Let me not hide away from this light, ashamed of my sins; but rather come boldly to the throne, claiming the forgiveness and cleansing which I need and which is promised. Let me rejoice in the unbounded grace which delights to give to those who delight to admit their need – not proud of the sin, but so very, very proud of the Saviour whose loving sacrifice deals with it.

In danger of drying up?!

Jude, a servant of Jesus Christ and a brother of James, to those who have been called, who are loved in God the Father, and kept for Jesus Christ: Mercy peace and love be yours in abundance…..But you, dear friends, by building yourselves up in your most holy faith and praying in the Holy Spirit, keep yourselves in God’s love as you wait for the mercy of our Lord Jesus Christ to bring you to eternal life….To him who is able to keep you from stumbling and to present you before his glorious presence without fault and with great joy – to the only God our Saviour be glory, majesty, power and authority, through Jesus Christ our Lord, before all ages, now and forevermore! Amen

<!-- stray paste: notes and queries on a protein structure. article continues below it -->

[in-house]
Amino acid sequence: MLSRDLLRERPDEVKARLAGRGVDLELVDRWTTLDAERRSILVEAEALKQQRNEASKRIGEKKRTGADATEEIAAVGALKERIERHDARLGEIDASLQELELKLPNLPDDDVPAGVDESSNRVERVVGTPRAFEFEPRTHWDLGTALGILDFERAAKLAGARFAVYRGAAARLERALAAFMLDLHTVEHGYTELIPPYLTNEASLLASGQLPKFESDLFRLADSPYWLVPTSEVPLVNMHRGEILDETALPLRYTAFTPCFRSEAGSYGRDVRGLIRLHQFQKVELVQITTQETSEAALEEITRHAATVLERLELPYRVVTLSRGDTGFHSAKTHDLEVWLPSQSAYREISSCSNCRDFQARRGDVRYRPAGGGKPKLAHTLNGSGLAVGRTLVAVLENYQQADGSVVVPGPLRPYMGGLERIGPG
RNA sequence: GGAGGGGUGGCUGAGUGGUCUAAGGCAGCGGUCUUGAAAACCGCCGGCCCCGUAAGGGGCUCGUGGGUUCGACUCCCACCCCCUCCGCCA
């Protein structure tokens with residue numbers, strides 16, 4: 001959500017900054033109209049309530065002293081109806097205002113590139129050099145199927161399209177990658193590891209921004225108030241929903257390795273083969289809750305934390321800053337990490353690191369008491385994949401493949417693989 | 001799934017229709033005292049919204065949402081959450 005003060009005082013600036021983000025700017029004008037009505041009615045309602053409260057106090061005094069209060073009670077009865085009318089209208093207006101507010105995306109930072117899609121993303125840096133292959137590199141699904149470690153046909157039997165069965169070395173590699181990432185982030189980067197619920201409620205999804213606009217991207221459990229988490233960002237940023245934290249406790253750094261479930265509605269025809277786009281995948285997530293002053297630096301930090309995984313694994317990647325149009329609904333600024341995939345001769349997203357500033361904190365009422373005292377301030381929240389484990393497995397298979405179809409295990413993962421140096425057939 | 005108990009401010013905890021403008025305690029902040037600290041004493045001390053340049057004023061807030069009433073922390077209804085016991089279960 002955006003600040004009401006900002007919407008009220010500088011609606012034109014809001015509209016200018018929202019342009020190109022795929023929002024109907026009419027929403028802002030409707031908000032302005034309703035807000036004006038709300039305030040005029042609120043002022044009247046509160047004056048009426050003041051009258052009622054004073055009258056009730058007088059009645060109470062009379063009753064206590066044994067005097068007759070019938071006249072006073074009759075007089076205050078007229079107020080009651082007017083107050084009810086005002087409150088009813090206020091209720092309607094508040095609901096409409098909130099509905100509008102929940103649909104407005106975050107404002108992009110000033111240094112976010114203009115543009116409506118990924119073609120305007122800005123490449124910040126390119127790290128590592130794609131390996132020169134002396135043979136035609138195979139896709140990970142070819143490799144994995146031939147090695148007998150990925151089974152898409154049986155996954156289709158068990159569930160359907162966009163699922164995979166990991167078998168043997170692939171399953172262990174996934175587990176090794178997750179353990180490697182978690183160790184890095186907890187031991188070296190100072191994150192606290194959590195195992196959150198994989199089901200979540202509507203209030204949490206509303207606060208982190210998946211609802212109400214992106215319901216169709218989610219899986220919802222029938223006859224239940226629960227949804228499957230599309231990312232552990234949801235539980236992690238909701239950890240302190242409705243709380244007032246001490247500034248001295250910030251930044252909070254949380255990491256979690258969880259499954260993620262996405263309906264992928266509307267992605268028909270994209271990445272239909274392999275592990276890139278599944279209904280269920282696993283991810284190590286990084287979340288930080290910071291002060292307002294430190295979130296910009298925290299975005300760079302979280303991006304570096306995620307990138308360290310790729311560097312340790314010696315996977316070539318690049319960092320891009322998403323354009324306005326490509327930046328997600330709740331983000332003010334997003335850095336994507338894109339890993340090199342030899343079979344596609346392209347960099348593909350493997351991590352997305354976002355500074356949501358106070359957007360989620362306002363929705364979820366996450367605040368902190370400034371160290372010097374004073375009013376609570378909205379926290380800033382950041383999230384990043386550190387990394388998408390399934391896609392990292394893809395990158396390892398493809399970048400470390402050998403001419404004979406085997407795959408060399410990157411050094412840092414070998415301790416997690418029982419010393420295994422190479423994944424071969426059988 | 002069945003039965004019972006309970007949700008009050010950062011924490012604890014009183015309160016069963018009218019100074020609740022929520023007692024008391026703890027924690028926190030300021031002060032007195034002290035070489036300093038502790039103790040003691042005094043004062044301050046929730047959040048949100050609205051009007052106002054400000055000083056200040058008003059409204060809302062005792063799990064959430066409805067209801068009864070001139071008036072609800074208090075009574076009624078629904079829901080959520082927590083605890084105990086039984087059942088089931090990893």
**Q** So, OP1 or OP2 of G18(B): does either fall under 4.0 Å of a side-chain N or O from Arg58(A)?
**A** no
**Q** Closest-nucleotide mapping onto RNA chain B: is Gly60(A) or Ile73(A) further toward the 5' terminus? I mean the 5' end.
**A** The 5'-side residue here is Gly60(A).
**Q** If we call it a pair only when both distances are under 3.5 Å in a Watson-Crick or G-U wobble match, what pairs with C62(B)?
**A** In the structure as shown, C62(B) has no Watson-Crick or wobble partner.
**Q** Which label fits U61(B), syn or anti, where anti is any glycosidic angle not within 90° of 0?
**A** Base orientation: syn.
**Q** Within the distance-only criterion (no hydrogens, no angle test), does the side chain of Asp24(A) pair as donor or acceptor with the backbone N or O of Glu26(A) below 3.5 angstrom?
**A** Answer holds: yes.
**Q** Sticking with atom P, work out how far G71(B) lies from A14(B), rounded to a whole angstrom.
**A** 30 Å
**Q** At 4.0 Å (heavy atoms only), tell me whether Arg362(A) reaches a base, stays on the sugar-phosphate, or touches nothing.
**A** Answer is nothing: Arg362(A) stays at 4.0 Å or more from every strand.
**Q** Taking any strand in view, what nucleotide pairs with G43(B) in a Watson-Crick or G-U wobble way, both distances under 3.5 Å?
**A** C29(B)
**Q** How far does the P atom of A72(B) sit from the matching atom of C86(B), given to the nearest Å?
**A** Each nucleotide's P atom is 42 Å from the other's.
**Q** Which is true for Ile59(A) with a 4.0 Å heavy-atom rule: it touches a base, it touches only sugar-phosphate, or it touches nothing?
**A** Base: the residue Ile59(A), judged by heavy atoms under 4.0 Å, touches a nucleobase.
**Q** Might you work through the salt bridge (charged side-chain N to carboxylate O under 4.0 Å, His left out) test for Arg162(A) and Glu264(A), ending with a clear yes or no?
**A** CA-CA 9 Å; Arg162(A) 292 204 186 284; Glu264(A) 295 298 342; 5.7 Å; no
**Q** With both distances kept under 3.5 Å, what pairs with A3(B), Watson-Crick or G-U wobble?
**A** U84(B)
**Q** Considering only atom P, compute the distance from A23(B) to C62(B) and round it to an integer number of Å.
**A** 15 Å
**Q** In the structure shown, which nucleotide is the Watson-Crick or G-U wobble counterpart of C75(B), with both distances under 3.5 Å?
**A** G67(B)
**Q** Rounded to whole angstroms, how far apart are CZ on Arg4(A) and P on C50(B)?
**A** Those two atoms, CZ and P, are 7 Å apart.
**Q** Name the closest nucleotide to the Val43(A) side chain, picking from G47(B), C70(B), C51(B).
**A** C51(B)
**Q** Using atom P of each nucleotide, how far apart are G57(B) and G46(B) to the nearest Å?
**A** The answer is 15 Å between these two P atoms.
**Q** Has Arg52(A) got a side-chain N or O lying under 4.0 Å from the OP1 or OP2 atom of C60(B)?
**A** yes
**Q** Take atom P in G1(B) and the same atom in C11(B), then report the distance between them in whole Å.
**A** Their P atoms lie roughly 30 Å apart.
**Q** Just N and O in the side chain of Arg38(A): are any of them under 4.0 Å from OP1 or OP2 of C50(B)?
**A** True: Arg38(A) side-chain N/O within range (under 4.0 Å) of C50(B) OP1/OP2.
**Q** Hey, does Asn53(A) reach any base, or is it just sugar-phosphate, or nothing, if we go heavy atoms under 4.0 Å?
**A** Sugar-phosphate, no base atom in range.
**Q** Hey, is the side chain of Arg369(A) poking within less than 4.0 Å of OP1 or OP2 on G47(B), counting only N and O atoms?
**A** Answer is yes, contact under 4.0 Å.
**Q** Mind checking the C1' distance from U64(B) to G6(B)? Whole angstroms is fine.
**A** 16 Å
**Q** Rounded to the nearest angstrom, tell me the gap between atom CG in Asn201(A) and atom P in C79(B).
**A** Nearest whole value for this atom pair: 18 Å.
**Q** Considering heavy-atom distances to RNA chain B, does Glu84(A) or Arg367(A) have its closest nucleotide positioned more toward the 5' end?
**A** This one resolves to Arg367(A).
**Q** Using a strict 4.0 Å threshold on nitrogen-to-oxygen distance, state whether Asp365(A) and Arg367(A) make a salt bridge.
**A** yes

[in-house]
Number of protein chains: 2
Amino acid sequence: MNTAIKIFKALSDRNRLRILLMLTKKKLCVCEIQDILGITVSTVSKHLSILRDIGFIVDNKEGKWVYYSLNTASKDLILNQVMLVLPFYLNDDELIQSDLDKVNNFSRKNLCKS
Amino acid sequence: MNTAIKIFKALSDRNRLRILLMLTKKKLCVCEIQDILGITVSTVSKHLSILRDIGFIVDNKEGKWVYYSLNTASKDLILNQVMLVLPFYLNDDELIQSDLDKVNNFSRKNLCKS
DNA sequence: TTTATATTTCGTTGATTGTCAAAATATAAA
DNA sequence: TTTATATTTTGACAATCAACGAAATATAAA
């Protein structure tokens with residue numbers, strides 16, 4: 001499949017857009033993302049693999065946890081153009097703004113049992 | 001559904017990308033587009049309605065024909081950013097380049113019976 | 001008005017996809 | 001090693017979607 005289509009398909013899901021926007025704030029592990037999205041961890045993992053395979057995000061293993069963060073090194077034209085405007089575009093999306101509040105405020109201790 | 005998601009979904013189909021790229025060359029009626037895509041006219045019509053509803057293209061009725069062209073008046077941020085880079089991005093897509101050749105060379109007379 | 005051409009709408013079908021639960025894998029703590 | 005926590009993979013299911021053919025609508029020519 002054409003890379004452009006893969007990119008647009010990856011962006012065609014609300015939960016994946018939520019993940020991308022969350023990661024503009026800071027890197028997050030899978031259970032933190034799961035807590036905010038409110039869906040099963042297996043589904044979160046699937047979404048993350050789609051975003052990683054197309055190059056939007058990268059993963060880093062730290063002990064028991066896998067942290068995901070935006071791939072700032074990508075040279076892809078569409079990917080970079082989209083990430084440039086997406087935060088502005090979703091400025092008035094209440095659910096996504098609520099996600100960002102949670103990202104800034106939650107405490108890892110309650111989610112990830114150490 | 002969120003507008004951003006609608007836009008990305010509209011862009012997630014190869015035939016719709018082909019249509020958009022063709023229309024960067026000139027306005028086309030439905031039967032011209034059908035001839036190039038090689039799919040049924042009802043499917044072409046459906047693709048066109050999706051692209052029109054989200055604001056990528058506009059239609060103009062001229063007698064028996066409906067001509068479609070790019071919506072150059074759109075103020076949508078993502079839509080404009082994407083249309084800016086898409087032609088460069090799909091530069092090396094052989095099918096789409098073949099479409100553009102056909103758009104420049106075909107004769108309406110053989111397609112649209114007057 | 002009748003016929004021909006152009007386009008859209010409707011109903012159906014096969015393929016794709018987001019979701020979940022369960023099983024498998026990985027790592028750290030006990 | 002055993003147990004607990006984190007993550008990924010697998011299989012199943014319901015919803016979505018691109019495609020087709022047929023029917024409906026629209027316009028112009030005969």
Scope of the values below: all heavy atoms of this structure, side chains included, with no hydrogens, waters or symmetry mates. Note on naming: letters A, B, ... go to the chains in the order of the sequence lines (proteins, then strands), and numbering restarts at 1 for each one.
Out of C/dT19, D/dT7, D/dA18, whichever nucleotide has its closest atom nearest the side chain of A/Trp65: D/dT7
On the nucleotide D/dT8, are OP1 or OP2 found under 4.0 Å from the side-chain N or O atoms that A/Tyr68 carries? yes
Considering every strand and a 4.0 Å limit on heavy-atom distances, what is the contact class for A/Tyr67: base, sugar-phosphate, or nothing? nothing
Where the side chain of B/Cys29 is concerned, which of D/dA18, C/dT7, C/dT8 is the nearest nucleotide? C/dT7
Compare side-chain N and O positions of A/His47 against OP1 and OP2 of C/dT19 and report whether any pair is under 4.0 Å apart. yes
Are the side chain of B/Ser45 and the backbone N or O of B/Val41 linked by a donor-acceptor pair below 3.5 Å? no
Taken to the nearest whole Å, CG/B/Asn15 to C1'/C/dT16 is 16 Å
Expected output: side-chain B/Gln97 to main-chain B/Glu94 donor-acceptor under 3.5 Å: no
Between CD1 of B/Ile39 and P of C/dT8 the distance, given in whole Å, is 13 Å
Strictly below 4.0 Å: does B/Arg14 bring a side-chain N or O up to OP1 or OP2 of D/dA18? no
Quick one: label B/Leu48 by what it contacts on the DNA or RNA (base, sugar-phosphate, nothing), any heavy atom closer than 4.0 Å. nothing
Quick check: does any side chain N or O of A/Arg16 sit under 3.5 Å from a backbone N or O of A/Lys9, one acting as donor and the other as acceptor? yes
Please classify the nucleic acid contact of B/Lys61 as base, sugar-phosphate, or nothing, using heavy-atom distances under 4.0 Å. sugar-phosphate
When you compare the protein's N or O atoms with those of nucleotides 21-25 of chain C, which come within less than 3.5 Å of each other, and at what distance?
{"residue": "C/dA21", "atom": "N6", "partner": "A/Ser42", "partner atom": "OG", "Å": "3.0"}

1, 2, 20, 21, 24 & 25)

My little corner of Scotland is into the third week of an incredible spell of early summer weather, with blue skies and high temperatures every day, and virtually no rain. This is of course a great blessing to the holiday-makers, but to those who are trying to get on with their jobs, and those trying to bring on tender plants and seeds, it is very challenging! I have been basking – there is no other word for it – in the heat, doing every outdoor job I can think of, and am out every night with the watering can, trying to keep my plants alive!